First, one should assess critically and understand what their game is. Each one of us is made differently. Spending that extra time understanding what gives you enduring satisfaction — what excites you, what makes you forget passage of time, what lets you not hinder the flow of life though you…… this line of thinking can give ample clues to figure your game out.
Remember that this need not be around a big passion — in fact, most of us do not have big passions — we just want to have a pleasant enough life. Passion is over-rated anyway. Quite often, what manifests as passion is just discipline of execution to fulfil a goal that serves a personal purpose. There is very little glamour in it for the person demonstrating “passion”.
However, there are significant hinderances too. Playing your own game can get lonely particularly in the initial years. As you start on your own path, FOMO (Fear of Missing Out) may emerge naturally and it can pose a significant threat. And this probably is why, we see very few folks living their natural lives. Fulfilling one’s familial obligations (funding retirement, kids’ education etc) could be another big reason holding people from playing their own game.
“Choosing a path means having to miss out on others.” — Paulo Coelho
In conclusion, expressing your unique personality through a path that suits you is perhaps the smoothest and happiest way to live life. Whats more — you do not need to compete with anyone else in this game — you are your only competition. Your only focus is becoming a better version of yourself and this way, you are engaged and motivated by default. Who would not like that!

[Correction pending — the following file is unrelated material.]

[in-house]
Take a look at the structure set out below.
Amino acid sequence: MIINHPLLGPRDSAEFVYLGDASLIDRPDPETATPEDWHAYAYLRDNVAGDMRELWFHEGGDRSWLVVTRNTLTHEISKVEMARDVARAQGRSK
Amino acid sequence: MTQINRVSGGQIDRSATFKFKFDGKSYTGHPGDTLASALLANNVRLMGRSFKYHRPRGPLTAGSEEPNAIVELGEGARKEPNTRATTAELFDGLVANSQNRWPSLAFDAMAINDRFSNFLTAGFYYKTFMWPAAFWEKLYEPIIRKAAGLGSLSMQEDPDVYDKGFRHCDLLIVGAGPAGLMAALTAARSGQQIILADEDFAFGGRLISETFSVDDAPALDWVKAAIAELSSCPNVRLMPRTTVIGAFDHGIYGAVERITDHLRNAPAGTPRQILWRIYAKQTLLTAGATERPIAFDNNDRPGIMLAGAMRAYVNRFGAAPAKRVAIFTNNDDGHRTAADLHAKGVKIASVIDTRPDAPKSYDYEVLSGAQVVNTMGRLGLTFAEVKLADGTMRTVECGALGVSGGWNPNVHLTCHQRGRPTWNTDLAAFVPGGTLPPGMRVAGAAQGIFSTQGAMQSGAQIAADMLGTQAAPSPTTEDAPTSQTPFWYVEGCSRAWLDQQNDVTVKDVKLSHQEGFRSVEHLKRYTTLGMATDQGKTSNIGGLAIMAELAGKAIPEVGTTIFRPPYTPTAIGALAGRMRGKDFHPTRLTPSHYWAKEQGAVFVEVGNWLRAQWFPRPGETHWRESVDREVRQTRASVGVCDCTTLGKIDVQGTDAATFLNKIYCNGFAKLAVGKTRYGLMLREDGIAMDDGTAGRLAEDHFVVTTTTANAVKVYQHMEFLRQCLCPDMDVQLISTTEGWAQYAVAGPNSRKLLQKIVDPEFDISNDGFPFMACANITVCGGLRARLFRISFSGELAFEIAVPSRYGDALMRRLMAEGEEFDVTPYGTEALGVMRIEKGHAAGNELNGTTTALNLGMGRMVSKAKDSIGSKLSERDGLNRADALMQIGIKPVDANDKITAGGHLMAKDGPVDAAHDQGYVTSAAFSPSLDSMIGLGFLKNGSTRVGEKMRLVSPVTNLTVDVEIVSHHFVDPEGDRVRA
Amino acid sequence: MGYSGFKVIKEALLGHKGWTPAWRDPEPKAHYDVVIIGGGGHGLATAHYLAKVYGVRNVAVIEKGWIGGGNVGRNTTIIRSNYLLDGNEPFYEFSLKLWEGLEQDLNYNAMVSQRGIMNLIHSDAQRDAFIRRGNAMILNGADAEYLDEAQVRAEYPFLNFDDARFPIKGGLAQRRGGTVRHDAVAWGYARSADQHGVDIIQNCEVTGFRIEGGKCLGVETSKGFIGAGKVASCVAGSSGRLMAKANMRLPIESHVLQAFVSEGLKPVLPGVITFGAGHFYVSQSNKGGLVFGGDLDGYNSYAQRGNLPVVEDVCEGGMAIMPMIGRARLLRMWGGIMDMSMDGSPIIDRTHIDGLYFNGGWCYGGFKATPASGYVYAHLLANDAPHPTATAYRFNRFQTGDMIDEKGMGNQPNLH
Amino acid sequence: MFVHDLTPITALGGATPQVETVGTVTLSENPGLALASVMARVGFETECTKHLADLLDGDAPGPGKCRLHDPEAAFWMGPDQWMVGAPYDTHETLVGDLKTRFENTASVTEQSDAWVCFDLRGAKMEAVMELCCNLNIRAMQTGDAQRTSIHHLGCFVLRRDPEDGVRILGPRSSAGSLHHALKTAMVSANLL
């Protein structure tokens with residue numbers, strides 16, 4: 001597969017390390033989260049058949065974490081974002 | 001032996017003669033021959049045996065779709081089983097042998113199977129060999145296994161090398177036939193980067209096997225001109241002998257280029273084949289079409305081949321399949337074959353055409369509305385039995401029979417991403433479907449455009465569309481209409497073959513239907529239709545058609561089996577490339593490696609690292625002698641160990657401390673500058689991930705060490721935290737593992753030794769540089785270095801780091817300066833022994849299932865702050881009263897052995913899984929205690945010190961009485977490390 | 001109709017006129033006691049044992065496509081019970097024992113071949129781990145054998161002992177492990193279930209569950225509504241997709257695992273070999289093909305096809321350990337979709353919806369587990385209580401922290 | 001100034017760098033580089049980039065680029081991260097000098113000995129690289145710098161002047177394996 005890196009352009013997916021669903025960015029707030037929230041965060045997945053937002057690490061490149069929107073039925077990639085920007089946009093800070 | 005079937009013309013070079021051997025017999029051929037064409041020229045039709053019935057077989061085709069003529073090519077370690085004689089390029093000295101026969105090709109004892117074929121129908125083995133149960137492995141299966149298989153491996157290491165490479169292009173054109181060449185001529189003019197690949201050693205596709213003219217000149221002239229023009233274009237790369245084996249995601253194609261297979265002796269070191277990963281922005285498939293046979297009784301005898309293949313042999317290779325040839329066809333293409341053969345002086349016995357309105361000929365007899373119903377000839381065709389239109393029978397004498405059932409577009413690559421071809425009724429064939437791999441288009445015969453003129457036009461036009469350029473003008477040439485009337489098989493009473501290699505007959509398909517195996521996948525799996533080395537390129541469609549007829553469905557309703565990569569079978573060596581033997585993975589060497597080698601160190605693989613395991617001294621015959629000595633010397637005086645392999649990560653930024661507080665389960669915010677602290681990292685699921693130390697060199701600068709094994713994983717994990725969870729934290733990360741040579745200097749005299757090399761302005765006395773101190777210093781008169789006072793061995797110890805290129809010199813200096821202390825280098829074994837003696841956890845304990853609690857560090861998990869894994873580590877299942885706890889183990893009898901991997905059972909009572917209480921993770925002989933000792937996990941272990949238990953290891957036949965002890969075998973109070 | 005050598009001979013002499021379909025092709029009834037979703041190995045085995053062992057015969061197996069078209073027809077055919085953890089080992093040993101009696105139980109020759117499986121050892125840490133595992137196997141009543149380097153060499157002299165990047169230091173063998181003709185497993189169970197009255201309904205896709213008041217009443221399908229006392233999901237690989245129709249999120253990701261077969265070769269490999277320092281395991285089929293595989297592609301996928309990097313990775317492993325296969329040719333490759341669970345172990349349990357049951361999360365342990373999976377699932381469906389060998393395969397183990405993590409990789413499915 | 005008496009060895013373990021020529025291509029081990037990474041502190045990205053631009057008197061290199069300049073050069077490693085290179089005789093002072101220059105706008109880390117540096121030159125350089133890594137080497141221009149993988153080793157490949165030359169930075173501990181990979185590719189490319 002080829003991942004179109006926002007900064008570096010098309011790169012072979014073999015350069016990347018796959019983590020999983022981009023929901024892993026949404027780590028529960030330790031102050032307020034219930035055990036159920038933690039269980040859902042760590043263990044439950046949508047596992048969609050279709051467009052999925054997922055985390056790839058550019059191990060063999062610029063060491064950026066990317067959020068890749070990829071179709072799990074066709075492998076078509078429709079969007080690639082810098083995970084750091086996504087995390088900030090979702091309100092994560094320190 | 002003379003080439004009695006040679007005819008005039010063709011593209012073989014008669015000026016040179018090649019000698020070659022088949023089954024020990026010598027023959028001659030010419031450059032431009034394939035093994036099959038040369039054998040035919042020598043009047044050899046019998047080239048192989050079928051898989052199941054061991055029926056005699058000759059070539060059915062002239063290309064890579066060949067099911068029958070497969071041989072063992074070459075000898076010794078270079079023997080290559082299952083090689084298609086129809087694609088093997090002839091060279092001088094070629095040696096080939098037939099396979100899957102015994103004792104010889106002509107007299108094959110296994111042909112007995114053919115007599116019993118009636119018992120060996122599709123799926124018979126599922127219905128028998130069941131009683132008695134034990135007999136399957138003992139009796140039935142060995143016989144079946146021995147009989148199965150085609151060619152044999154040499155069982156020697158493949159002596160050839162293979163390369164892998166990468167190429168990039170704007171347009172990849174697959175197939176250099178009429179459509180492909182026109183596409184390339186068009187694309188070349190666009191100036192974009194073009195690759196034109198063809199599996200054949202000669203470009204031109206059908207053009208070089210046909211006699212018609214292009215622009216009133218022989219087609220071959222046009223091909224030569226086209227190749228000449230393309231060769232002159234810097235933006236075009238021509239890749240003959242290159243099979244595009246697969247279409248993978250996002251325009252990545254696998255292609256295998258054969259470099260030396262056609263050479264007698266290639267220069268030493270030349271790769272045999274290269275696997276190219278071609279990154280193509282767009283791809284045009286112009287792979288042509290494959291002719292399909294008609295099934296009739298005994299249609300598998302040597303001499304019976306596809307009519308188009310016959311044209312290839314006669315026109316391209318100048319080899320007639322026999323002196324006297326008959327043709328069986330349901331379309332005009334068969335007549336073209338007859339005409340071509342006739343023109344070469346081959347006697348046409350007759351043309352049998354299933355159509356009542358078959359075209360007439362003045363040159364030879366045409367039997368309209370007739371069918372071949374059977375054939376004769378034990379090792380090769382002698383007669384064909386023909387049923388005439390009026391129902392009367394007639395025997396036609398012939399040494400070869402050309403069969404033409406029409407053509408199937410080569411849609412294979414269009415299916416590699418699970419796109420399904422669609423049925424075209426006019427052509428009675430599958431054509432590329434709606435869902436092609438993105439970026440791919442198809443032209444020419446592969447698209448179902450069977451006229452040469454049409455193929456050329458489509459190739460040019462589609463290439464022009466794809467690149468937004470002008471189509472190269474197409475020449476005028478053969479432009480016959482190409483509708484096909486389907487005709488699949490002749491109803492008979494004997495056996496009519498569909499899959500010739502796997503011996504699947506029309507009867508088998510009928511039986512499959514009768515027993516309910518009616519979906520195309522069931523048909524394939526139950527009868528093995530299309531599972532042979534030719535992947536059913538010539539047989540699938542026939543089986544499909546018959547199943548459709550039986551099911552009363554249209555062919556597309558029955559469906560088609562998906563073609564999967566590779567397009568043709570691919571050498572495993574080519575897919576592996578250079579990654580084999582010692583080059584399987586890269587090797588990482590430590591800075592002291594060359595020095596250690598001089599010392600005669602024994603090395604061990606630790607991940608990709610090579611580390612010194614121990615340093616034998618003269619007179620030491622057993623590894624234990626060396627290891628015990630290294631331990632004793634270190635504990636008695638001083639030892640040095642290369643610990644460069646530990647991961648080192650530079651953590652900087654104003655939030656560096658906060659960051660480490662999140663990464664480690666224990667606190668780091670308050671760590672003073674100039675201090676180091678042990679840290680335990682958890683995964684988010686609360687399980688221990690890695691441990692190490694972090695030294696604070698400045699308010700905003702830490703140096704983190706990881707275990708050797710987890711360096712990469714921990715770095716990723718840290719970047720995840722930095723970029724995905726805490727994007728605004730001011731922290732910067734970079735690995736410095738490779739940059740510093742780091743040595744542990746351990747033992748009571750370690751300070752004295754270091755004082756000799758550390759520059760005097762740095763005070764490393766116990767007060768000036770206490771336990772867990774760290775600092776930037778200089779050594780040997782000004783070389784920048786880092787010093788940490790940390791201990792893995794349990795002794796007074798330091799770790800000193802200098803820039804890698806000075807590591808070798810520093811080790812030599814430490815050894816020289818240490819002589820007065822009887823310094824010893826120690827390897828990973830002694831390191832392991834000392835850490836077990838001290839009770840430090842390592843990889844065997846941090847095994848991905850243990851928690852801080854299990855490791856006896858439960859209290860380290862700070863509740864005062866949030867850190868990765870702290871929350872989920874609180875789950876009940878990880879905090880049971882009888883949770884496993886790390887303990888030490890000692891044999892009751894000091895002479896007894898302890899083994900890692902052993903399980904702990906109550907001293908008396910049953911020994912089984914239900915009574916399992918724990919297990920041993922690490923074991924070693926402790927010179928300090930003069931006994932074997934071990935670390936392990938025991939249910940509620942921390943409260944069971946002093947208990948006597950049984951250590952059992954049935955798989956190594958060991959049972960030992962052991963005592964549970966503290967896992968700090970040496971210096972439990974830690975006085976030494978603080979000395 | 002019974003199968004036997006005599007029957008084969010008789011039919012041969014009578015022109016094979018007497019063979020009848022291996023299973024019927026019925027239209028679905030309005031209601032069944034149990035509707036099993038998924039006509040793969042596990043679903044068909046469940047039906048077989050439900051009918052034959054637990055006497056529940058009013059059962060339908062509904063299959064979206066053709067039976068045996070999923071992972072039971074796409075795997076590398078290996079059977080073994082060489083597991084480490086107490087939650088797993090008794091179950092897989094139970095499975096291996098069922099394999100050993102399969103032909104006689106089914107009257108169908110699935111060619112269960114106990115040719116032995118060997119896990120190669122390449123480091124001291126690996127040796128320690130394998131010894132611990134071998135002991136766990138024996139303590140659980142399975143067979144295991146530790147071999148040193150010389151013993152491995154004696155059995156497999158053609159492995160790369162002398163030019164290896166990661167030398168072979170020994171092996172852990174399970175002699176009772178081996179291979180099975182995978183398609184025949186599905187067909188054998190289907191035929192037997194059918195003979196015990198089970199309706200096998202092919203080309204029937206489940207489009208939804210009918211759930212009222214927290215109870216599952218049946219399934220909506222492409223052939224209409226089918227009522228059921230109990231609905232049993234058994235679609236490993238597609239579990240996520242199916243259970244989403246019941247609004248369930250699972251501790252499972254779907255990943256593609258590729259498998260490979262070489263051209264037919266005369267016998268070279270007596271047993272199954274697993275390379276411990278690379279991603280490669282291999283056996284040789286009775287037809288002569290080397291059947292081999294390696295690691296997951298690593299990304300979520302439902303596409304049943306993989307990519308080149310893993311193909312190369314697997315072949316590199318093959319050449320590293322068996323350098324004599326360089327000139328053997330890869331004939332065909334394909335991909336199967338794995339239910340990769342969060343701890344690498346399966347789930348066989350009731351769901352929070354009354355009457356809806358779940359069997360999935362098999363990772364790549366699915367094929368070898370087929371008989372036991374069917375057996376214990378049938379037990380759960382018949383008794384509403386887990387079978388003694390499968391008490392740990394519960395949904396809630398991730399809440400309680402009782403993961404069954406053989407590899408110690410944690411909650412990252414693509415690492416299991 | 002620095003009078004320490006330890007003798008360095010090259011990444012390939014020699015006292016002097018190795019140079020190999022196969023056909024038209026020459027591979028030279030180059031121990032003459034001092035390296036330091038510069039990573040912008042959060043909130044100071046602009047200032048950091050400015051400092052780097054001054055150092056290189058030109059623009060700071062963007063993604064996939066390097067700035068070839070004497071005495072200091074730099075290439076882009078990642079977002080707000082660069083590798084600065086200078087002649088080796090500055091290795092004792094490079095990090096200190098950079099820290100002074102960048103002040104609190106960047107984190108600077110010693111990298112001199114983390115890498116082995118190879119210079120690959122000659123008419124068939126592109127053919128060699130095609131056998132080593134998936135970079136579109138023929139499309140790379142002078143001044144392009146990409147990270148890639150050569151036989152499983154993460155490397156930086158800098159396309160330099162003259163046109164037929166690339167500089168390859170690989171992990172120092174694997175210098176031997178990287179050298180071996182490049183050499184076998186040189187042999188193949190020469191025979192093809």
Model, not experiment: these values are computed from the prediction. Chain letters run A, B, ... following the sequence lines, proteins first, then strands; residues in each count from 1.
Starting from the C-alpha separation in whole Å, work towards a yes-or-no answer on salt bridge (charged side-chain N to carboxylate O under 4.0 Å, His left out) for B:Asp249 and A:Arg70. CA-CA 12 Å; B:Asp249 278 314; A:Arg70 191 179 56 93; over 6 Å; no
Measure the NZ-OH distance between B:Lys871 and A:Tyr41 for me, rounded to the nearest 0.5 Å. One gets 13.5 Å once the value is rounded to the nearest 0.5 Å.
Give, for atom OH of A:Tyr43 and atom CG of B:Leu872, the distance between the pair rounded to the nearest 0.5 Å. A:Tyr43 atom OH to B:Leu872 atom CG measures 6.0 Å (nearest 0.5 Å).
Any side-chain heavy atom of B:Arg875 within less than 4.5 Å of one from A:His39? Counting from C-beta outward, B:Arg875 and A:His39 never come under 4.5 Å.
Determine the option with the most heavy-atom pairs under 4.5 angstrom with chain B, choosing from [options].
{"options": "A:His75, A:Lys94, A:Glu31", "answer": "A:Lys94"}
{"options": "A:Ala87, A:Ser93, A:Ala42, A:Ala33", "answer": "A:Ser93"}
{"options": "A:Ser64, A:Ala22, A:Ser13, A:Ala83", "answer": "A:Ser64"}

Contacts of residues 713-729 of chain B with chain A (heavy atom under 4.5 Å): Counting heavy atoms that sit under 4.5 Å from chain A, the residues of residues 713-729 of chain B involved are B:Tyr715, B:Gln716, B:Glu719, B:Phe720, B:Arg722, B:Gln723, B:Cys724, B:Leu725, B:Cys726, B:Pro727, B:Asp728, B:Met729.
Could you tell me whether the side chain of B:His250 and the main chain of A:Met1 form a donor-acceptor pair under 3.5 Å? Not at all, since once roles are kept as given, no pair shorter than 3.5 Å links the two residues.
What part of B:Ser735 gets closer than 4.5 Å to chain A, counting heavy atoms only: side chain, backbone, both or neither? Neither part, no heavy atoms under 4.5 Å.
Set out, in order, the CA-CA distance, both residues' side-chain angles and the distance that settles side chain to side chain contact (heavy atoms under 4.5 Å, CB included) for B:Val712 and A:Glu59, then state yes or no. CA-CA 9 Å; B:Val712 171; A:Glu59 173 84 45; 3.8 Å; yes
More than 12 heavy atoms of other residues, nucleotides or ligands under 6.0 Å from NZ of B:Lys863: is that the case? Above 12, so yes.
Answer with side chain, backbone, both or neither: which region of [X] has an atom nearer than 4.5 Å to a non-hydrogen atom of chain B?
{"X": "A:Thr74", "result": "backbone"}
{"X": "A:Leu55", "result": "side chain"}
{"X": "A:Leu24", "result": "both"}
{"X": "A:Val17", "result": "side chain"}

For those who are not able to pursue a path of their natural inclinations for whatever reason, just a clear recognition and acceptance of their constraints could reduce tension in their daily struggles. Each one of us has the ability and opportunity to follow our curiosities, at least in a small way. Over time, these baby steps could lead to something substantial.
Thanks for taking time to read this article. In this newsletter, I share my learnings that can help you improve your decisions and make meaningful progress on your goals and desires. I share stuff that I have personally experienced or experimented with. If you find this newsletter worthwhile, please do share it with others — of course, only if you do not mind it.